Effects of Menopause on Autoimmune Diseases

Miranda A Farage; Kenneth W Miller; Howard I Maibach


Expert Rev of Obstet Gynecol. 2012;7(6):557-571. 

In This Article

Immunosenescence: How the Immune System Ages

The immune system undergoes constant physiological changes over the human lifespan.[7] The infant has no immunity of its own at birth; immune function develops quickly over the first few years and then builds to a complete maturation by puberty.[8] In fertile women, immunity fluctuates cyclically in sync with the menstrual cycle; dramatic changes occur during pregnancy as well as the postpartum period.[8]

Throughout life, homeostasis is preserved in all systems through tightly regulated interactions between numerous interdependent body tissues (Figure 1).[7] Driven by inalterable genetic factors, environmental insults, such as UV light, and lifestyle factors like nutrition and nicotine use,[9] body tissues, with age, experience a progressive deterioration of cellular and tissue functions, largely due to genetic decay and the byproducts of metabolism.[9] The study of aging in the immune system has revealed that immunosenescence represents a substantial remodeling of major immune functions.[7]

Figure 1.

Interaction between genetic factors, estrogen and aging in the development of Th1/TH2 differentiation and subsequent autoimmune diseases in aging women.
DC: Dendritic cell; Th: T-helper cell.

Immunosenescence in both genders impacts cellular, humoral and innate immunity.[10] Significant consequences of aging include atrophy of the thymus, changes in both the total numbers and subsets of lymphocytes, changes in the function of both B and T cells, changes in the patterns of secretion of cytokines and growth factors, disruption of intracellular signaling, changes in the patterns of antibody production, loss of antibody repertoire, loss of response to antigens and mitogens and disruption of immunological tolerance (Table 1). Gender-specific increases in some aspects of immunosenescence have been observed and will be discussed below.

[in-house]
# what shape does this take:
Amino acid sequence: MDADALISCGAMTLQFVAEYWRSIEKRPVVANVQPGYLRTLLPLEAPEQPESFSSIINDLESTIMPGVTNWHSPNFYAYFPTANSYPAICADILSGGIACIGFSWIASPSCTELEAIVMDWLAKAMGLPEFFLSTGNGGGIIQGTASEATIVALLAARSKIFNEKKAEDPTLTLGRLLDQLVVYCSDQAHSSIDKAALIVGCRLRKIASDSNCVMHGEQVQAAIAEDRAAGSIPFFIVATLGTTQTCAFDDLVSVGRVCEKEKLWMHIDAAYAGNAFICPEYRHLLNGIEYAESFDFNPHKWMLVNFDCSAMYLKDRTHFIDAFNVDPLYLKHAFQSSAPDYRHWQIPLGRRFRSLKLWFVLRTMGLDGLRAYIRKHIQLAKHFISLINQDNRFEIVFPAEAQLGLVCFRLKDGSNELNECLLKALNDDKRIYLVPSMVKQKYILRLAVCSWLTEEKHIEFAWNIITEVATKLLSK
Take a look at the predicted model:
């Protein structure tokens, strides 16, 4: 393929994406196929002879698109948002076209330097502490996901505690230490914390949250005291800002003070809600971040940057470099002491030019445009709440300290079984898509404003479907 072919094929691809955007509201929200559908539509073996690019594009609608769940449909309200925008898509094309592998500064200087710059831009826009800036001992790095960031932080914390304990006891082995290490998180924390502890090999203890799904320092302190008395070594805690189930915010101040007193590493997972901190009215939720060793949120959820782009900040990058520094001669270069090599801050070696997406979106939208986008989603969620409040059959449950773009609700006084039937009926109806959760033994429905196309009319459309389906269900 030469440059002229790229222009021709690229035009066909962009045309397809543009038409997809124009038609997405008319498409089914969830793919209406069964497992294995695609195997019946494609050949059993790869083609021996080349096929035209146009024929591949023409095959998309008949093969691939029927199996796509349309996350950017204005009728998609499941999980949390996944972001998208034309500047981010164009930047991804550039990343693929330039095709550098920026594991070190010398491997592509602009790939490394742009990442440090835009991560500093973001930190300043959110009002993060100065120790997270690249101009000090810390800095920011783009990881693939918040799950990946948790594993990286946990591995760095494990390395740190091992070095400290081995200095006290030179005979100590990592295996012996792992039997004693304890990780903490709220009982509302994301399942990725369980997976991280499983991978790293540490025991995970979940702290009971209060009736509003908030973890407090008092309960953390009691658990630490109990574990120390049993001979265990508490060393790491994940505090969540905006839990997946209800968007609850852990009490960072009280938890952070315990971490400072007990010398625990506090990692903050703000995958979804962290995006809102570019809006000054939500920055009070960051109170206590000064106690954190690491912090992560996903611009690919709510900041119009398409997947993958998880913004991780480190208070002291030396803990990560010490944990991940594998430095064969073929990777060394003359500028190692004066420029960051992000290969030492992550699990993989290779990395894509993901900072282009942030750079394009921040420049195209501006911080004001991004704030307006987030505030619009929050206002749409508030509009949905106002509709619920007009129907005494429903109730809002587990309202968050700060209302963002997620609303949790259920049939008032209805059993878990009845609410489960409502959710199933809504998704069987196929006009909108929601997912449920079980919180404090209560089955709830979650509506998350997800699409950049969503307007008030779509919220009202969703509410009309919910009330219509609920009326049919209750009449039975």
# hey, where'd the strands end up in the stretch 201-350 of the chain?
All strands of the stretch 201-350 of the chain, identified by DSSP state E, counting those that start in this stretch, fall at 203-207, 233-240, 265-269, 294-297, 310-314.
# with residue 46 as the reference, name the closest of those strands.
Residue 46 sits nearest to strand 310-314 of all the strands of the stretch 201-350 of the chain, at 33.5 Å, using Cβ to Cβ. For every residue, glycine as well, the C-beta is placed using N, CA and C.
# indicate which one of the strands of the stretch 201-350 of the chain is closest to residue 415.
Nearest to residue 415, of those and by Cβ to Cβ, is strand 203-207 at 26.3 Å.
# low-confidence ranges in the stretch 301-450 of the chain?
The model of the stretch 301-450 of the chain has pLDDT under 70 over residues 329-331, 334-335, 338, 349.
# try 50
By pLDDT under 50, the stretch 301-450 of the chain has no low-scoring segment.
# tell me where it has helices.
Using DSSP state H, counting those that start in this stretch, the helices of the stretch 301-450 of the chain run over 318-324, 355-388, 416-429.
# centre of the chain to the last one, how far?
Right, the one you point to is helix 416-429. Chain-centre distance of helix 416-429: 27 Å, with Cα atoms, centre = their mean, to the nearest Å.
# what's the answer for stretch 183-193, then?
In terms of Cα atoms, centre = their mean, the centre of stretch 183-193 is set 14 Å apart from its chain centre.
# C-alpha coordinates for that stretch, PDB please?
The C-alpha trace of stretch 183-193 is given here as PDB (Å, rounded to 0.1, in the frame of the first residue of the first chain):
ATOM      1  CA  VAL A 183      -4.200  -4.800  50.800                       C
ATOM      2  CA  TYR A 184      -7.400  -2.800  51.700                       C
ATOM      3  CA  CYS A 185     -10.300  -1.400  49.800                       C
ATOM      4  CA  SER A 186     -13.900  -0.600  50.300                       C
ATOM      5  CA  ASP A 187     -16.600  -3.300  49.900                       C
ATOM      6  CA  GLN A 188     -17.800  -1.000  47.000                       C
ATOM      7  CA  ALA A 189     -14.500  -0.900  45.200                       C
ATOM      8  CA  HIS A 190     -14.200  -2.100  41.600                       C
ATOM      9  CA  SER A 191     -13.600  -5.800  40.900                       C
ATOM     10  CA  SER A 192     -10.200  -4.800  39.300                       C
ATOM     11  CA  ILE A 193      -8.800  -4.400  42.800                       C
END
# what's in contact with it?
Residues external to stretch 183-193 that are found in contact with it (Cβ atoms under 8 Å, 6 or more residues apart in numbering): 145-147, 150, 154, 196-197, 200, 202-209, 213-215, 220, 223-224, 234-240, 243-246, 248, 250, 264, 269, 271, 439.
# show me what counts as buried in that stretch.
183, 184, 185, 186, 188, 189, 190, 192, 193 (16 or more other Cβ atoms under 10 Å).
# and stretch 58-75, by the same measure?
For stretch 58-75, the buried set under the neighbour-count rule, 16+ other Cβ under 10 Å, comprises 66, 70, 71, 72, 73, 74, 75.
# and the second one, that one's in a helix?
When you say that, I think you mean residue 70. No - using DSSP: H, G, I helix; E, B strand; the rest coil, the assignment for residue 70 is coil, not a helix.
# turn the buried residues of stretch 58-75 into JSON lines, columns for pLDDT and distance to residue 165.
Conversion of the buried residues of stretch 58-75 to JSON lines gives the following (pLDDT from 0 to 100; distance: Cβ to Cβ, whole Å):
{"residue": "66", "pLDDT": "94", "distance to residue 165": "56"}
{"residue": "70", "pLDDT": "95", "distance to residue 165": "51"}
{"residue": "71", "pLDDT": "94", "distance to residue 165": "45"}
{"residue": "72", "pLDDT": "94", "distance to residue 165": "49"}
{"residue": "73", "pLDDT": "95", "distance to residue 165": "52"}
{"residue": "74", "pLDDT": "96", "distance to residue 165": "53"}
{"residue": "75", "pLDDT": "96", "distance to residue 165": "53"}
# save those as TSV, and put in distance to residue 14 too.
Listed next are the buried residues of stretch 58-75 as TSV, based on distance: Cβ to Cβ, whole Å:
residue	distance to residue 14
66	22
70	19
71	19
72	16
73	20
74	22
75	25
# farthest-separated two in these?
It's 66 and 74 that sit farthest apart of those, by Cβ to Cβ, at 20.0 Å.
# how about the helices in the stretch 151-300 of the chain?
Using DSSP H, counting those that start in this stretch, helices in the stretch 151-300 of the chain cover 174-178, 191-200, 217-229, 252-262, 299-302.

Although aging affects many immune cell types, the cumulative effects of aging on T-cell function are the most consistently observed and most extensive.[11] The human thymus decreases in both size and cellularity in a process called thymic involution; thymus tissue is replaced with fat.[12] By 60 years, thymus-derived hormones are absent from the circulation.

Involution of the thymus in humans occurs in concert with a depletion of naive T cells and a shift in the T-cell population toward memory CD4+ cells.[13] In young adulthood, the CD4+ subset is characterized by roughly equivalent numbers of memory and naive CD4+ cells but in older adults becomes predominantly memory CD4+,[14] a shift that reduces the potential antigenic repertoire.[15] The shift toward memory T cells with age is largely a consequence of the imbalance in T-cell maturation produced by thymus involution[16] paired with an age-related impairment of T-cell proliferation[17] in concert with clonal expansion of T cells activated by specific antigens.[15] The shift toward memory cells in the T-cell compartment affects cytokine production as well, with less IL-2 produced (primarily a product of naive T cells) but more IL-4 (primarily a product of memory T cells).[18]